When asked what kind of threat is going to make people stand up and pay attention, Dhapodkar said there have already been so many disasters all over the world—such as war, terrorist attacks, and wildfires—and spent so much on response and recovery, and we seemingly still don’t learn to change. There may be no single disaster which will change our behavior, she said, and we simply have to change ourselves.

“We need support from our leadership and resources and we really need to think outside the box,” said Dhapodkar. “We need to stop this knee-jerk response; we don’t have the resources or that centralized unified leadership to consistently move us forward. Forget about fixing problems: fixing problems should be the bare minimum. We need to actually innovate in emergency management and that change happens in each of us.”

Long said he believes a lack of communication is a real problem and where that’s really going to hurt is the power grid, noting that the vast majority of people who work in homeland security and emergency management have never even heard of the grid security disaster declaration—a 2018 final rule for an emergency order under the Federal Power Act which allows power to be diverted to critical infrastructure—and pointed out that the power industry has “no idea how to communicate if entire interconnects go down across multiple states.” He said emergency managers need to talk with the power industry and offer to help improve their communication capabilities.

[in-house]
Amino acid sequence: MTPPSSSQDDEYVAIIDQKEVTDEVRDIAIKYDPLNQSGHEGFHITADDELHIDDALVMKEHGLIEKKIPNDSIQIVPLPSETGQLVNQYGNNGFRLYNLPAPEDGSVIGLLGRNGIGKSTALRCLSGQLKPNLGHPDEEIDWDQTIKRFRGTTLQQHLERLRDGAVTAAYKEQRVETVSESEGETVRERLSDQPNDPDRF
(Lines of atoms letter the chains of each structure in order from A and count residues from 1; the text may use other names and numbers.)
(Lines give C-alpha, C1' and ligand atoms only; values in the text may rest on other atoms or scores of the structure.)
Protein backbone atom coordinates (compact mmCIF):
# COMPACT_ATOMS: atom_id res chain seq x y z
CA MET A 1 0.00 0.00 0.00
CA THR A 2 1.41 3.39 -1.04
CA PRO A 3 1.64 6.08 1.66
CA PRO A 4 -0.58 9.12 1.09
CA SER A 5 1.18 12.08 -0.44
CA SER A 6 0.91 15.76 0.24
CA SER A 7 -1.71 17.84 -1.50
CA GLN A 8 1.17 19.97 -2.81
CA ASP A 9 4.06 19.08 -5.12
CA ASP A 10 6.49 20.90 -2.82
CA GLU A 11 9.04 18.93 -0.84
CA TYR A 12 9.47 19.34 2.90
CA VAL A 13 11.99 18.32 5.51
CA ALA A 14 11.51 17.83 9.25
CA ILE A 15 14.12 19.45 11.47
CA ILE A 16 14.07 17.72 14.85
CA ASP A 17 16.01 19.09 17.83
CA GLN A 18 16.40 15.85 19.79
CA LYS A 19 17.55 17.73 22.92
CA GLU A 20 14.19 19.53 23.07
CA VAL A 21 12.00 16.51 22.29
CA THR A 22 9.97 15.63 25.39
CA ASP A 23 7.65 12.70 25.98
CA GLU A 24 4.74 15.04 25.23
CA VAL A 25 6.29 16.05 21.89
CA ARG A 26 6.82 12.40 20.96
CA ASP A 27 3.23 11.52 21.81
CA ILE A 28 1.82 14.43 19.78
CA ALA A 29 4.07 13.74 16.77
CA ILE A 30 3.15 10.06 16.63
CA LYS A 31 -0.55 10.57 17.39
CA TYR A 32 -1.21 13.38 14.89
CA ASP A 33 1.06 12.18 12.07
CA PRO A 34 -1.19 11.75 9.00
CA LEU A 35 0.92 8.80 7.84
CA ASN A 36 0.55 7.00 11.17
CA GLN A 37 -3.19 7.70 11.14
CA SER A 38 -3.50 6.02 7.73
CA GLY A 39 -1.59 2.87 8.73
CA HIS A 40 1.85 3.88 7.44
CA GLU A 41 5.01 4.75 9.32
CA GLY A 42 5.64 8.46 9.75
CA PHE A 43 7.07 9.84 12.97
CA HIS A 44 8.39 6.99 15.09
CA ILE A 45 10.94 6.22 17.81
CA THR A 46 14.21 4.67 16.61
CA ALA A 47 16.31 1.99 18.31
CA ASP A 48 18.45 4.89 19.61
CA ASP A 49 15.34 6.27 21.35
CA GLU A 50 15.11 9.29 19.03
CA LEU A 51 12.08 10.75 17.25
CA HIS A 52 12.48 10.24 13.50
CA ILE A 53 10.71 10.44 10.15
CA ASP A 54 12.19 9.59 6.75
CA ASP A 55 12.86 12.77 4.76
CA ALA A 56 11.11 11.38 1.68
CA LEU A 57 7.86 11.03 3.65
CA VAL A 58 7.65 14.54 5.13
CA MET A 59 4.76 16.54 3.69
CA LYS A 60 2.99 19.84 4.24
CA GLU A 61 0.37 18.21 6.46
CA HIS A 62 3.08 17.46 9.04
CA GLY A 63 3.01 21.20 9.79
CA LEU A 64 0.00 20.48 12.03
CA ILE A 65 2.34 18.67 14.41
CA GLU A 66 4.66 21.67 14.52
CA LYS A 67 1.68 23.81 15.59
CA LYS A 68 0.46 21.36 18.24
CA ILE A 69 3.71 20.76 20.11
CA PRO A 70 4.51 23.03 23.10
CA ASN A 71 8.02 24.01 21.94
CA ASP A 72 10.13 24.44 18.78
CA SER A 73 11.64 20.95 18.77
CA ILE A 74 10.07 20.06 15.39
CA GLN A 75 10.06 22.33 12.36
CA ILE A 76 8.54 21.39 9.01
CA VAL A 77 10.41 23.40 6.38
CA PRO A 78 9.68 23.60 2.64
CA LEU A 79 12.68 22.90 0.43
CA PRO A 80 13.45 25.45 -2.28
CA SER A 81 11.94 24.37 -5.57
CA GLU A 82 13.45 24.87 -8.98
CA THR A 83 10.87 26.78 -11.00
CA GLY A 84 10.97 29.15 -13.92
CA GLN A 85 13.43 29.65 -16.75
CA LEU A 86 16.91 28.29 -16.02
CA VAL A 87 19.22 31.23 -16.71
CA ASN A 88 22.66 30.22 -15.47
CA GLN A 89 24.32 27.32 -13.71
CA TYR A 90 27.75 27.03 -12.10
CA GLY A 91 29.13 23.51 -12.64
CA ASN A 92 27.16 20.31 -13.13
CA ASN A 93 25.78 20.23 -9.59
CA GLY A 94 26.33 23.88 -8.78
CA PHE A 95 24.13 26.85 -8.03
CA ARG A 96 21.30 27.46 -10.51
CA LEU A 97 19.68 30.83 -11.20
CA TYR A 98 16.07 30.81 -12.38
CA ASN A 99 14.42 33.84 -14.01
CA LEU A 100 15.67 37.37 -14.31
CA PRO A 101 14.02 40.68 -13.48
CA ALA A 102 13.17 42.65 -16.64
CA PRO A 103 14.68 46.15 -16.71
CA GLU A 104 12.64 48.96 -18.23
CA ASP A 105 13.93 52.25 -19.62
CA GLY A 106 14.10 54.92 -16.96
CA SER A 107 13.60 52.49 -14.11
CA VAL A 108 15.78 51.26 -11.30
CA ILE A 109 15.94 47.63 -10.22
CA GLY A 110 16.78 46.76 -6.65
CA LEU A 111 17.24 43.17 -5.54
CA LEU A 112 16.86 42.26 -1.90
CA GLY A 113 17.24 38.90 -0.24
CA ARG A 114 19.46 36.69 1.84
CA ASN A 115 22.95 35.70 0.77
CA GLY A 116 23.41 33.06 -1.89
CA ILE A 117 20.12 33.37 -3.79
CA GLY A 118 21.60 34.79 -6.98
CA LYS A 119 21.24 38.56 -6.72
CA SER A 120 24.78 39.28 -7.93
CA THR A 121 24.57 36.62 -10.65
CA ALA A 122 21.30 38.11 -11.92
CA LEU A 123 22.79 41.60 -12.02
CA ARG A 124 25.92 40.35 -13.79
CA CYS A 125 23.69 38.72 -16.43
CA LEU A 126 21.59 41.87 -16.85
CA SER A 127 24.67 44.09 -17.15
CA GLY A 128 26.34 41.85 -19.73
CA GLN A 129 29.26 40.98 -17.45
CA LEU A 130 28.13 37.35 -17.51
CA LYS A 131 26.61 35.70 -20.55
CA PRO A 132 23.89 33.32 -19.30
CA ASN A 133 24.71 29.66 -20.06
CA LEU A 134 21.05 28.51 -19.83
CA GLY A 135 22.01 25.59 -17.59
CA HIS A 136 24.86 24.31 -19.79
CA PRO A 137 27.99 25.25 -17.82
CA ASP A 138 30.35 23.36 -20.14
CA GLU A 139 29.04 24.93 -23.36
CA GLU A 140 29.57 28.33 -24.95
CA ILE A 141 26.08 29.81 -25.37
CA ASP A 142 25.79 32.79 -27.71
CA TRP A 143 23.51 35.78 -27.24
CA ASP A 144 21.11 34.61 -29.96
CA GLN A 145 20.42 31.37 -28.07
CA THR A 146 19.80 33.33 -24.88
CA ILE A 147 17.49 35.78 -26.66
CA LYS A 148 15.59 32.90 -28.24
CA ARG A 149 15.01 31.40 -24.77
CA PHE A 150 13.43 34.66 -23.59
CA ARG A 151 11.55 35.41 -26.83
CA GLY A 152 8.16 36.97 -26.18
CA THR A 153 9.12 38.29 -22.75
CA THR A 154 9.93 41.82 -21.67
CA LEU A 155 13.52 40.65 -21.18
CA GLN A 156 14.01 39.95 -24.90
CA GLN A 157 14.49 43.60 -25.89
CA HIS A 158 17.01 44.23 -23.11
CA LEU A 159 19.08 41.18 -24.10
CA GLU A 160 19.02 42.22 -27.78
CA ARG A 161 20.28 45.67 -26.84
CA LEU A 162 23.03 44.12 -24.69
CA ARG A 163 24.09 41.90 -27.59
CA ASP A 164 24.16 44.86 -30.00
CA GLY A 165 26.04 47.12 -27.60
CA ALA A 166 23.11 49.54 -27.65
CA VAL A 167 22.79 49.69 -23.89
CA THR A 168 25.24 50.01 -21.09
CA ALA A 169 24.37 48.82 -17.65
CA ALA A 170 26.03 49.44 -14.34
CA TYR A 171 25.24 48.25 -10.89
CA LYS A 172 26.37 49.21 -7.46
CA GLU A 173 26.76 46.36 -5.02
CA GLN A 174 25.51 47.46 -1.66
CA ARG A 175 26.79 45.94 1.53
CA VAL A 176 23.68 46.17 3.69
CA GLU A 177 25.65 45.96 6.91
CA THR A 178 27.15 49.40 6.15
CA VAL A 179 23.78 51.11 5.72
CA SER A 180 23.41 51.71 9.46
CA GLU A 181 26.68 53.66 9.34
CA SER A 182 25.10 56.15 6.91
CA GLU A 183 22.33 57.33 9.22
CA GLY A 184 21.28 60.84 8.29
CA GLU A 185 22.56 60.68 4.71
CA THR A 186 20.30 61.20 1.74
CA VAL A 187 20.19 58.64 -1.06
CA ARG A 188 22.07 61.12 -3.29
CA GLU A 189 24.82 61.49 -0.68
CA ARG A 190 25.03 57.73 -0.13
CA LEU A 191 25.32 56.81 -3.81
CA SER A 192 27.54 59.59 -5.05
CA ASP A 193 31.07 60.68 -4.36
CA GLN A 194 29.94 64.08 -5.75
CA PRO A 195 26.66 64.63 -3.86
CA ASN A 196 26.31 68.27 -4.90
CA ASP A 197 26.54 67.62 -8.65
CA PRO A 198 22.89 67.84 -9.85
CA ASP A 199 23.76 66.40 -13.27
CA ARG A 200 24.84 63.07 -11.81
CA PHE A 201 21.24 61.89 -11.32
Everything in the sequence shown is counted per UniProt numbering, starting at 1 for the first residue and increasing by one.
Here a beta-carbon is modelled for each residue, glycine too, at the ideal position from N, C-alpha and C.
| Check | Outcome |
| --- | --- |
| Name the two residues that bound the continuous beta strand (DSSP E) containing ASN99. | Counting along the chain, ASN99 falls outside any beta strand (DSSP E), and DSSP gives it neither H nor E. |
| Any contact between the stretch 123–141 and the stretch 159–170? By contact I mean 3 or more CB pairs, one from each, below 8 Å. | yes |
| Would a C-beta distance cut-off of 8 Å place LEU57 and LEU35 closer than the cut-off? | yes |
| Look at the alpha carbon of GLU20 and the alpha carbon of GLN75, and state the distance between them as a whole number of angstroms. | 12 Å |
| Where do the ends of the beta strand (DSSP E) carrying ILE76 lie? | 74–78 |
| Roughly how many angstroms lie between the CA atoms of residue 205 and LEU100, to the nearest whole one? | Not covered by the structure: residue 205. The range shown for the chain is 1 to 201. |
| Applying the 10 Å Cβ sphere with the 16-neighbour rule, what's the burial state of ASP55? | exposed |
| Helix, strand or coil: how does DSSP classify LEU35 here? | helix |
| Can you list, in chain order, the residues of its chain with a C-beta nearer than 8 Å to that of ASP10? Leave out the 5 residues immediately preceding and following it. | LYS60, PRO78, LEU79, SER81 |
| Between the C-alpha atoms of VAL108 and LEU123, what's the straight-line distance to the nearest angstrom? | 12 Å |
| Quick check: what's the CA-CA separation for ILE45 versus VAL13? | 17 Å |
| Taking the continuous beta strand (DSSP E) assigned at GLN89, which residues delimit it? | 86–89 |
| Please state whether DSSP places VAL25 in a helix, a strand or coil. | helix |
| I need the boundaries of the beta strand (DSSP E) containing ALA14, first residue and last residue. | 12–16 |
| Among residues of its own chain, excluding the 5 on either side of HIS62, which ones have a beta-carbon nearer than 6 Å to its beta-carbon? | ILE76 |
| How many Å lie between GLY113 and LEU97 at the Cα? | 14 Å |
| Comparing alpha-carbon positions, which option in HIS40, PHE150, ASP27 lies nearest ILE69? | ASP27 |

Top to bottom: Retired NYPD Counterterrorism Bureau Deputy Chief and Executive Officer Joseph Gallucci and Salinas Mayor Kimbley Craig

Gallucci said he doesn’t want to see such a thing happen, but that the U.S. likely needs another tragedy to happen to change its behavior. “Unfortunately it’s difficult to measure our successes,” he said, “so we tend to get really comfortable and so we start redeploying and changing things around instead of sticking with what we know works. I mean we just don’t learn. The Oct. 7 [attacks] didn’t happen here and unfortunately, we need something, another tragedy, to happen here. Unfortunately, that’s just the way it is.”

When Dhapodkhar asked Gallucci what kind of tragedy it would take to bring everyone together, he noted that the “eclipse brought us together, so we know we can still come together.